Current position: Clinical Fellow in Medicine (Infectious Diseases), Yale University
Fellowship Site: Tugela Ferry, South Africa
U.S. Institution: Yale University
Project Title: Biomarkers of early response to multi-drug resistant tuberculosis and composition of multi-drug resistant mycobacterium tuberculosis strains during treatment
Dr. Cudahy is a fellow in Infectious Disease with a research interest in HIV and tuberculosis co-infection at Yale University.
Individuals with HIV who are co-infected with multi drug-resistant tuberculosis (MDR-TB) in South Africa suffer early mortality of more than 50%. Mortality remains high after initiating treatment. Earlier identification of individuals failing to respond to standardized MDR-TB treatment might allow for modification of treatment regimens, avert morbidity and mortality and prevent further spread ofMDR-TB. Biologic markers of disease progression or non-response to therapy could help accomplish these goals but are limited and have not been tested prospectively.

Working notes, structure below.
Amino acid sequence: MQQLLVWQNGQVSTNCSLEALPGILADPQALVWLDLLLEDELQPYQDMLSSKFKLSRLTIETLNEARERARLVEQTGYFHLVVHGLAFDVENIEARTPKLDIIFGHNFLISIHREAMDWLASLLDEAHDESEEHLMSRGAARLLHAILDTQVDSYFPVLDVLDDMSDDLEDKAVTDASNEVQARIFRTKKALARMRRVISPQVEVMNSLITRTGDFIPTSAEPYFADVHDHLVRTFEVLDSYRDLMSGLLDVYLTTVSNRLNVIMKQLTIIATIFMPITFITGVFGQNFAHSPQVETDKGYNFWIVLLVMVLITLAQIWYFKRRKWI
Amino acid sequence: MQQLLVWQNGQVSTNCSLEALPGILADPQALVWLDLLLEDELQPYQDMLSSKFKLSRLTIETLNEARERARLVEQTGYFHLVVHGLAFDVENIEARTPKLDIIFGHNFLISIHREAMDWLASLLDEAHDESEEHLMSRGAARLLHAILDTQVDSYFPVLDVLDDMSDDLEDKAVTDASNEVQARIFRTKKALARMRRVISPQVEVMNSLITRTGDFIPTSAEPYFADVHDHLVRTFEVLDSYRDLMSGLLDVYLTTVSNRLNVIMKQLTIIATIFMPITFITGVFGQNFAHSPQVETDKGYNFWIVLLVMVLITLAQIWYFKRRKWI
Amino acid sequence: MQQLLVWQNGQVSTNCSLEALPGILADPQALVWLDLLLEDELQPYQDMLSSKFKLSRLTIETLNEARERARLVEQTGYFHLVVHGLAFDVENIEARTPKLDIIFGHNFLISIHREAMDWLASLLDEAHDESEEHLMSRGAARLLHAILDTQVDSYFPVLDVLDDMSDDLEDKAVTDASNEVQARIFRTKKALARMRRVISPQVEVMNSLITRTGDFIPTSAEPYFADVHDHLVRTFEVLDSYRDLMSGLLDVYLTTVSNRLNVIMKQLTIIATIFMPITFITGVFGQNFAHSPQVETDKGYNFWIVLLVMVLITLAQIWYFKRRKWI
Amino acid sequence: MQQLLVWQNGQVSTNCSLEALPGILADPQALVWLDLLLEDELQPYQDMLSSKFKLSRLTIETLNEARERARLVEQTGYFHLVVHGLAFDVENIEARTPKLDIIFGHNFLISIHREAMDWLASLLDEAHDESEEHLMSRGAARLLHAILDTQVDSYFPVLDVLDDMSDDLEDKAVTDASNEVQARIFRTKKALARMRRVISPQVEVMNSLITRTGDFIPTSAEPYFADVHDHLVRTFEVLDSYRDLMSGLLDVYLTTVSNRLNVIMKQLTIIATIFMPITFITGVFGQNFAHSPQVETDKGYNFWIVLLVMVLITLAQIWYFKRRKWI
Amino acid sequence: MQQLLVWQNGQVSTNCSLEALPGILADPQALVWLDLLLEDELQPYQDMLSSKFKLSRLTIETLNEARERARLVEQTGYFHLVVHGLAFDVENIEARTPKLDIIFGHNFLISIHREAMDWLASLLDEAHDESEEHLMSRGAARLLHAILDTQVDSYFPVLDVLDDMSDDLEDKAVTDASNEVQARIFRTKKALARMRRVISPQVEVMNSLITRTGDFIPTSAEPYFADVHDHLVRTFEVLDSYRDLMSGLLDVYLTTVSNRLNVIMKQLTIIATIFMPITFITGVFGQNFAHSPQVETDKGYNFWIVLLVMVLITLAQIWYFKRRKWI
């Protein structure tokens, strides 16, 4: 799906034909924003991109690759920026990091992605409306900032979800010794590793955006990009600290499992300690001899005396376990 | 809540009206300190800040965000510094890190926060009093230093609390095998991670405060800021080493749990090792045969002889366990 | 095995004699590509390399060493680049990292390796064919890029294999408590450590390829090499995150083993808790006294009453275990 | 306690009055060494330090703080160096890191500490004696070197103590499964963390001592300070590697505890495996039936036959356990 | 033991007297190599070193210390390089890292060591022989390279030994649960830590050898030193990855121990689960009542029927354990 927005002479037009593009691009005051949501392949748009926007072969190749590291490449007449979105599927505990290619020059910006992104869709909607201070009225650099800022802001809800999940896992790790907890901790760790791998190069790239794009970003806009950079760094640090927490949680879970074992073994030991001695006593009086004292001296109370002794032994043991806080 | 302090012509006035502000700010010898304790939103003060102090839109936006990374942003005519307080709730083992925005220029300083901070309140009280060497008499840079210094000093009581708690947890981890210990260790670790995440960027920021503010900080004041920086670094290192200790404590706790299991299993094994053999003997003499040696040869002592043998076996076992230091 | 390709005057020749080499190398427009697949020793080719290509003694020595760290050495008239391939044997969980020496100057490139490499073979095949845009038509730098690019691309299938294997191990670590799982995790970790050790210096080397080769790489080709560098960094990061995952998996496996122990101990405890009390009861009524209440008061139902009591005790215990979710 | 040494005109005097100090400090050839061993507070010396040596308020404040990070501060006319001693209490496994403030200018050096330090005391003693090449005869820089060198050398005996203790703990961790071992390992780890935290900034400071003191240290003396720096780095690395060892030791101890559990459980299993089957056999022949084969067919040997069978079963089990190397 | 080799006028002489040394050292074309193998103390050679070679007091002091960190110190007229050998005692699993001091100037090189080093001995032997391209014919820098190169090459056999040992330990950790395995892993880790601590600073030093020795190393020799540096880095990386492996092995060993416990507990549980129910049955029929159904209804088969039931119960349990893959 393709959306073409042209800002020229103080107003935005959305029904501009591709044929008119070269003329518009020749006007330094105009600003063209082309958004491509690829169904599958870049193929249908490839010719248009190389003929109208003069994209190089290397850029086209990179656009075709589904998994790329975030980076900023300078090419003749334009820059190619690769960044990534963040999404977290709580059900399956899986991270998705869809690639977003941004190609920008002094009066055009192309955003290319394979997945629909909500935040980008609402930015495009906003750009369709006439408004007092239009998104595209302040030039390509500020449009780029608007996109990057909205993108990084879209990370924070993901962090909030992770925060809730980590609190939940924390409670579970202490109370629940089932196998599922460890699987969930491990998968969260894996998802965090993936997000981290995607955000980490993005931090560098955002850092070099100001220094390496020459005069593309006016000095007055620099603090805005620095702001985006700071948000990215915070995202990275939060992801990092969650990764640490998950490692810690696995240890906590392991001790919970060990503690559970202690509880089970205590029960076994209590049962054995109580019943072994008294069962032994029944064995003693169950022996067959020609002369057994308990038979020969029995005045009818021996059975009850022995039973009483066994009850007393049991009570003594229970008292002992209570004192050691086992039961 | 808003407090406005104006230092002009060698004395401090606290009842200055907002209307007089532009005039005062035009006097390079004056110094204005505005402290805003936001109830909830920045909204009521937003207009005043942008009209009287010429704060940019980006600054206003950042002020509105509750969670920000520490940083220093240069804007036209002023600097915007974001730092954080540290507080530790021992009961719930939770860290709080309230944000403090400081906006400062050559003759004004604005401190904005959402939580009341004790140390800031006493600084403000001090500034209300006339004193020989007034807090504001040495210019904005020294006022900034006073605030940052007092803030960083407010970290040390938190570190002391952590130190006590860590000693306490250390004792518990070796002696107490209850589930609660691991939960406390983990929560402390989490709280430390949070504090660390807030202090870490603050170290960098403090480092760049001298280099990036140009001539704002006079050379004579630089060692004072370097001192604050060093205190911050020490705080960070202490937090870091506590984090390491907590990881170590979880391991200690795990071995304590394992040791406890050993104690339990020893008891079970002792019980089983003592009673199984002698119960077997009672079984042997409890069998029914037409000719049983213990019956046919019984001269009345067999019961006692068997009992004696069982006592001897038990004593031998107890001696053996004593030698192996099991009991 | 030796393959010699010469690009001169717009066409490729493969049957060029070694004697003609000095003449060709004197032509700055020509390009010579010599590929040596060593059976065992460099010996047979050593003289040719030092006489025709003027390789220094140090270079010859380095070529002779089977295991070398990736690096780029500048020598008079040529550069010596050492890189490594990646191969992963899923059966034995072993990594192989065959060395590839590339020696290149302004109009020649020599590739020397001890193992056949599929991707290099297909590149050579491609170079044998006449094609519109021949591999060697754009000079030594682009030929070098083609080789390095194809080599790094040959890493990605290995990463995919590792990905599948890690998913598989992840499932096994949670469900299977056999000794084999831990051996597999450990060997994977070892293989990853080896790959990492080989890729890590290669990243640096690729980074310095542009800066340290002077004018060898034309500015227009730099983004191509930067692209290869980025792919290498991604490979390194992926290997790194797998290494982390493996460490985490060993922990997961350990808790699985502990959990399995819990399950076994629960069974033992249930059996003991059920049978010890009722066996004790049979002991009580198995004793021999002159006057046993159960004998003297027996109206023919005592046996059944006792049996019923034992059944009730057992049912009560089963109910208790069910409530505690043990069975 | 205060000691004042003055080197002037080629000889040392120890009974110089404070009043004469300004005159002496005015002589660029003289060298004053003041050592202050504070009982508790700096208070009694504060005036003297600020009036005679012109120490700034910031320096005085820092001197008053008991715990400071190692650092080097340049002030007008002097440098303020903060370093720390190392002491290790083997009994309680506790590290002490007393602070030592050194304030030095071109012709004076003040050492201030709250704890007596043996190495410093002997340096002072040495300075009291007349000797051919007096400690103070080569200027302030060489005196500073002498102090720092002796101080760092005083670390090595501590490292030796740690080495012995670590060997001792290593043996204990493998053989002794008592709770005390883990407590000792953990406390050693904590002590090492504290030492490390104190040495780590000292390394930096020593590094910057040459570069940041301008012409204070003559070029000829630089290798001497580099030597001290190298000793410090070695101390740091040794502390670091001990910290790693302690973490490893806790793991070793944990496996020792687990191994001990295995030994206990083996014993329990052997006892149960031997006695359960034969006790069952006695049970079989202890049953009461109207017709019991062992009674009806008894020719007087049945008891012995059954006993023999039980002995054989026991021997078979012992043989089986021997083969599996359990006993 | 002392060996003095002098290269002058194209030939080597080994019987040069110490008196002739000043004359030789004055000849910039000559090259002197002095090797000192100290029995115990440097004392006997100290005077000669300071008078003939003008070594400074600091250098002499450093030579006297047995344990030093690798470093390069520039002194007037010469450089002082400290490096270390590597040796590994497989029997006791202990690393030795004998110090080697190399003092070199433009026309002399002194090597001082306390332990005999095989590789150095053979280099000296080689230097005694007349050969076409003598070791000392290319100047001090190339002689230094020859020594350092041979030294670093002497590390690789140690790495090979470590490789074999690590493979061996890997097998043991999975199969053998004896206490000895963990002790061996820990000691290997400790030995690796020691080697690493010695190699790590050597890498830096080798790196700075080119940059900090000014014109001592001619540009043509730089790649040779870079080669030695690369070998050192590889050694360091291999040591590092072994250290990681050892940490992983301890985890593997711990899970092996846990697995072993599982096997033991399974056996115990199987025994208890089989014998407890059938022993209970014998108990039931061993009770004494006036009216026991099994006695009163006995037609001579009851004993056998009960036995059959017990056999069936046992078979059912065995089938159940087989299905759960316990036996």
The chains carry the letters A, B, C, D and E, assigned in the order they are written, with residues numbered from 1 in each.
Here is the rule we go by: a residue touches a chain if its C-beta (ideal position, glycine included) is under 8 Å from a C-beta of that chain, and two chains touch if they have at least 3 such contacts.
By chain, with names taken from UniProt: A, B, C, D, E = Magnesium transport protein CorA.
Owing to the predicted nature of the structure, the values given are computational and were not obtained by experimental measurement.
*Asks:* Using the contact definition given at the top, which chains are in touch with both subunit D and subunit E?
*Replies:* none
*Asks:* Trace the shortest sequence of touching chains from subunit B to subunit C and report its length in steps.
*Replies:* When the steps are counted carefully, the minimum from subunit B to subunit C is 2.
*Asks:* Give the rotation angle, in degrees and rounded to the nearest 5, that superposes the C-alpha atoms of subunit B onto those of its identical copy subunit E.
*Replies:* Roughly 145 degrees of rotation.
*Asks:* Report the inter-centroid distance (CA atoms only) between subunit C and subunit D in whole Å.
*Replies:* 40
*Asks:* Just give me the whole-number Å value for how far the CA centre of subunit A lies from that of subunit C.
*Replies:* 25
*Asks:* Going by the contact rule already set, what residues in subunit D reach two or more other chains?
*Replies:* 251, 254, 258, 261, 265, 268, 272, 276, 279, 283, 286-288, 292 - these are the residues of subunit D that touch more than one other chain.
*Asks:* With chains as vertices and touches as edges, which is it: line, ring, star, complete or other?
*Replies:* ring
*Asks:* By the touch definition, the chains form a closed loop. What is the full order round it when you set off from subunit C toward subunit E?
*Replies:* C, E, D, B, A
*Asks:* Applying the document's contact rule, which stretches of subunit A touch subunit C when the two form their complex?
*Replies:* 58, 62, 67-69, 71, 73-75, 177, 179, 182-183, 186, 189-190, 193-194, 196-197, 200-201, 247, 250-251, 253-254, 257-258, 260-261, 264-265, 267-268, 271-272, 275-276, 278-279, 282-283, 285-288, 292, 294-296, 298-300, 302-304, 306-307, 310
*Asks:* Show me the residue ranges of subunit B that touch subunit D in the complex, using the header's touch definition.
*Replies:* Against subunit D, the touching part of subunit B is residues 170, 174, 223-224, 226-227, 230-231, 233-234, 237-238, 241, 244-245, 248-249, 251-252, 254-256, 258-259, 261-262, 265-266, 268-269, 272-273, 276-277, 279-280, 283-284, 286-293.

For this project, our first aim was to evaluate trends in inflammatory proteins (CRP, d-dimer and fibrinogen) among individuals co-infected with MDR-TB and HIV to determine whether they could be used as early biomarkers of MDR-TB treatment response. We hypothesized that larger decreases in inflammatory markers during treatment, compared to baseline, were associated with increased culture conversion, and decreased mortality.
The second aim was to obtain sputum samples during the course of treatment to perform whole genome sequencing of M. tuberculosis (Mtb). We sought to understand how diverse mycobacterial populations within a host responded to the selective pressure of treatment and affected treatment outcomes. Previous studies have been limited by the strain typing techniques employed, such as restriction fragment length polymorphism (RFLP) and spoligotyping. These were only able to resolve strains that made up roughly 1-10% of recovered bacilli. By performing whole genome sequencing, we may have been able to increase our sensitivity for detecting mixed strain infections as well as track the selection of mycobacterial populations. We hypothesized that there is an association between within-host strain diversity and persistent culture positivity as well as final outcome of MDR-TB therapy.